Didn't Lord wake up to Belford in the end?
Morning All and a Happy new Year
Below is my printout on Mr. Belford - (collected over many years) I hope it gives a bit of background to the above discussions. Please note I have never been able to find any documentary proof that he was aboard.

BEDFORD, (BELFORD) WALTER. Possible Imposter. Saved in Lifeboat number 4. Lived at 163 Manor Road, Woolston, Southampton. Chief Night Baker.?. (Lived in New York).
Walter Belford did not appear on the Titanic's crew lists. In fact, he never was a Titanic crewman, he just told Walter Lord he was, the reasons were only known by himself.
URL: Walter Belford - 9KB - 26 Dec 2005
(From ANTR, Walter Lord, page 34)
- ''In the galley just to the stern, chief night baker Walter Belford was making rolls for the following day. (The honour of baking fancy pastry was reserved for the day shift). When the jolt came, it impressed Belford more strongly than steward Johnson - perhaps because a pan of new rolls clattered off the top of the oven and scattered about the floor''.
(Newscutting from Southern Evening Echo, 16 April, 1962).
Soton liner memorial
Argentia, Newfoundland, Monday.
A United States Navy chaplain held a memorial service in an aircraft over the North Atlantic yesterday to mark the 50th anniversary of the sinking of the Titanic.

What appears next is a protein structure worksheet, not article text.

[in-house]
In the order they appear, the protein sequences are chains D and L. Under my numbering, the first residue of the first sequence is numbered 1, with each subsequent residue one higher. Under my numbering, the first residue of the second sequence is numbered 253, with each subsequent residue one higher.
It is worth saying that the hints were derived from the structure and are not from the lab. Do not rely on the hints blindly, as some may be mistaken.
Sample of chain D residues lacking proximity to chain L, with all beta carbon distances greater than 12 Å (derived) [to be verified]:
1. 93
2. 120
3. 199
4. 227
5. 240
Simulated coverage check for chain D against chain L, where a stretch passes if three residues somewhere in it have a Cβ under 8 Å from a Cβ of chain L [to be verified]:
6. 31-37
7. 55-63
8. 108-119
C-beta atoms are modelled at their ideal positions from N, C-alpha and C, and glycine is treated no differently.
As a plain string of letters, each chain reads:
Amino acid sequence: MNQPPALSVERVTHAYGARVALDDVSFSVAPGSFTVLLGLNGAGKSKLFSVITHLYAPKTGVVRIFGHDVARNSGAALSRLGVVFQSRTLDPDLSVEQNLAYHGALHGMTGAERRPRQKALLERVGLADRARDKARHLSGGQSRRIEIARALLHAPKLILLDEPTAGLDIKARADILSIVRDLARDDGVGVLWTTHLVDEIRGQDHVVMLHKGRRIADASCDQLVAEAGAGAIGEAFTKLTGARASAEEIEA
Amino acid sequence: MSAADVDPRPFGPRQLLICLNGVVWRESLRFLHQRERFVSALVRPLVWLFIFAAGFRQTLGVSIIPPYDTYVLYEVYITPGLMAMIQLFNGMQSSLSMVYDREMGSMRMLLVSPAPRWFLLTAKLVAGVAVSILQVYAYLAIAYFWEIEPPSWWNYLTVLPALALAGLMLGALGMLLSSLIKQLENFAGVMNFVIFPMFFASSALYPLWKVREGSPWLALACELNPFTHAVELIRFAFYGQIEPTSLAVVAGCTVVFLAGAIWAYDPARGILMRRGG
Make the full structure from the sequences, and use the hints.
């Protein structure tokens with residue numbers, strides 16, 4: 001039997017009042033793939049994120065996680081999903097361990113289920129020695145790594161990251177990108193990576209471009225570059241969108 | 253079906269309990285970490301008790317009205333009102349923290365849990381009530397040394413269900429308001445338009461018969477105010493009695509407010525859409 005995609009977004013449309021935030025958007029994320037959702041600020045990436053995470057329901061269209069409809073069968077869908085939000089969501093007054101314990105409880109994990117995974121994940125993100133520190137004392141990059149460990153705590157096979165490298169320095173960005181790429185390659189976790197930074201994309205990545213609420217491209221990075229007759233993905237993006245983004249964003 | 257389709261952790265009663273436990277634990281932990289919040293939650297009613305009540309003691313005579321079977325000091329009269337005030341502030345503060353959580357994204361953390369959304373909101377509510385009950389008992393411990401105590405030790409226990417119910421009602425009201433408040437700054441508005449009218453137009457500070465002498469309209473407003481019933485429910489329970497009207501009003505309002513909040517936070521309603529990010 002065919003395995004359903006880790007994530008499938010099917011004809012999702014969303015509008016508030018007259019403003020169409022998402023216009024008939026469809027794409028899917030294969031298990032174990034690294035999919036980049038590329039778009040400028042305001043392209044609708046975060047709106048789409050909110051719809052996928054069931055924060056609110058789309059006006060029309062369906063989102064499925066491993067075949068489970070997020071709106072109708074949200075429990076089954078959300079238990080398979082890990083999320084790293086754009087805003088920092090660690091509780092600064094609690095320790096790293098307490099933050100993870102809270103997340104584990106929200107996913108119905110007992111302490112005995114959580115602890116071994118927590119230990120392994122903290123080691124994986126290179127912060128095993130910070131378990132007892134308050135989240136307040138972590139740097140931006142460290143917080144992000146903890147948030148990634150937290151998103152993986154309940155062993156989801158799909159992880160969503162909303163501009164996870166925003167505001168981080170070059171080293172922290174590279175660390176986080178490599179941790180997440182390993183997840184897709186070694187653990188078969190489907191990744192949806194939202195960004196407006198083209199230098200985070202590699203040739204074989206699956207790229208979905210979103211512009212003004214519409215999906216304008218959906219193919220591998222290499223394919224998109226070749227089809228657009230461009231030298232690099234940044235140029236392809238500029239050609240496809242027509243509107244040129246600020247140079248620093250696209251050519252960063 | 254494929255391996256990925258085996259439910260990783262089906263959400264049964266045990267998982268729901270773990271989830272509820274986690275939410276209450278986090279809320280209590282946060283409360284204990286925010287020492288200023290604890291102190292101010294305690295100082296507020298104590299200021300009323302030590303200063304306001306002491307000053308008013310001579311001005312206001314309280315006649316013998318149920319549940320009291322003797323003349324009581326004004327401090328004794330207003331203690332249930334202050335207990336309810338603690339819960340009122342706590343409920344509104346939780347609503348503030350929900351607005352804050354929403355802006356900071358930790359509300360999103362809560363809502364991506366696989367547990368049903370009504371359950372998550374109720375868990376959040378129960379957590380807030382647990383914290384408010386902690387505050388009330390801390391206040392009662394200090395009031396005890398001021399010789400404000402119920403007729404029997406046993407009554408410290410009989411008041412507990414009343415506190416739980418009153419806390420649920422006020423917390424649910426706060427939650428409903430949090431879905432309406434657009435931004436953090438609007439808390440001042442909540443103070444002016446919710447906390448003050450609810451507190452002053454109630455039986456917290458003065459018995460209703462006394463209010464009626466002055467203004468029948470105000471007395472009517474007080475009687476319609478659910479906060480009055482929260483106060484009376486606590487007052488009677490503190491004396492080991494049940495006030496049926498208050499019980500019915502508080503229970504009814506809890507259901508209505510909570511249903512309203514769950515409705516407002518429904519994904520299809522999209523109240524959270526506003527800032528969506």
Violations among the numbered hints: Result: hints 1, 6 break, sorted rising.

A wreath was dropped from the U.S. Coast Guard plane onto the icy waters where more than 1,500 people died after the liner hit an iceberg on its maiden voyage from Southampton to New York in 1912.
One of those attending the mid-air service was Captain Ross Bullard, commander of the international ice patrol formed in 1913 to prevent a repetition of the Titanic disaster.
Several survivors of the sinking attended another memorial service in the New York Seamen's church institute.
Among them was 92-year-old Walter Belford, originally from Glasgow, who was chief baker aboard the liner.
(Extract from the New York Herald Tribune, Monday April 16, 1962).
. . . Those present were: Walter Belford, 92 of 230 W. 99th Street, who was night chief baker on the ship; Mrs. Julia Smith White, 64 of 113 E. 91st Street; Mrs Katherine Manning, 66, of 32-43 Steinway Street, Astoria, Queens; Mrs. Henry B Harris, of the Spencer Arms Hotel, Broadway and 69th Street and Washington Dodge of 417 Park Avenue.
Strike opened oven doors
Mr. Belford recalled: ''We were working on the fifth deck amidships, baking for the next day. There was a shudder all through the ship about 11:40 pm. The provisions came tumbling down and the oven doors came open''. He escaped by going down the side of the ship by rope just before she sank.
Mrs. White, who was 14-years-old Julia Smith of Dublin, Ireland, left the stricken ship in Life Boat number 13. It was the last to leave. Mrs. White kept alive the legend of a man in woman's clothing who escaped by lifeboat. Women and children were given priority.
''I remember him,'' she said. ''He was a lad from Dublin, and he got into our life boat.''
Present at the ceremony was the Rev. James N. MacKenzie, who was at the Titanic launching. He watched her daily as she was being built in Belfast, he remembered.

Best regards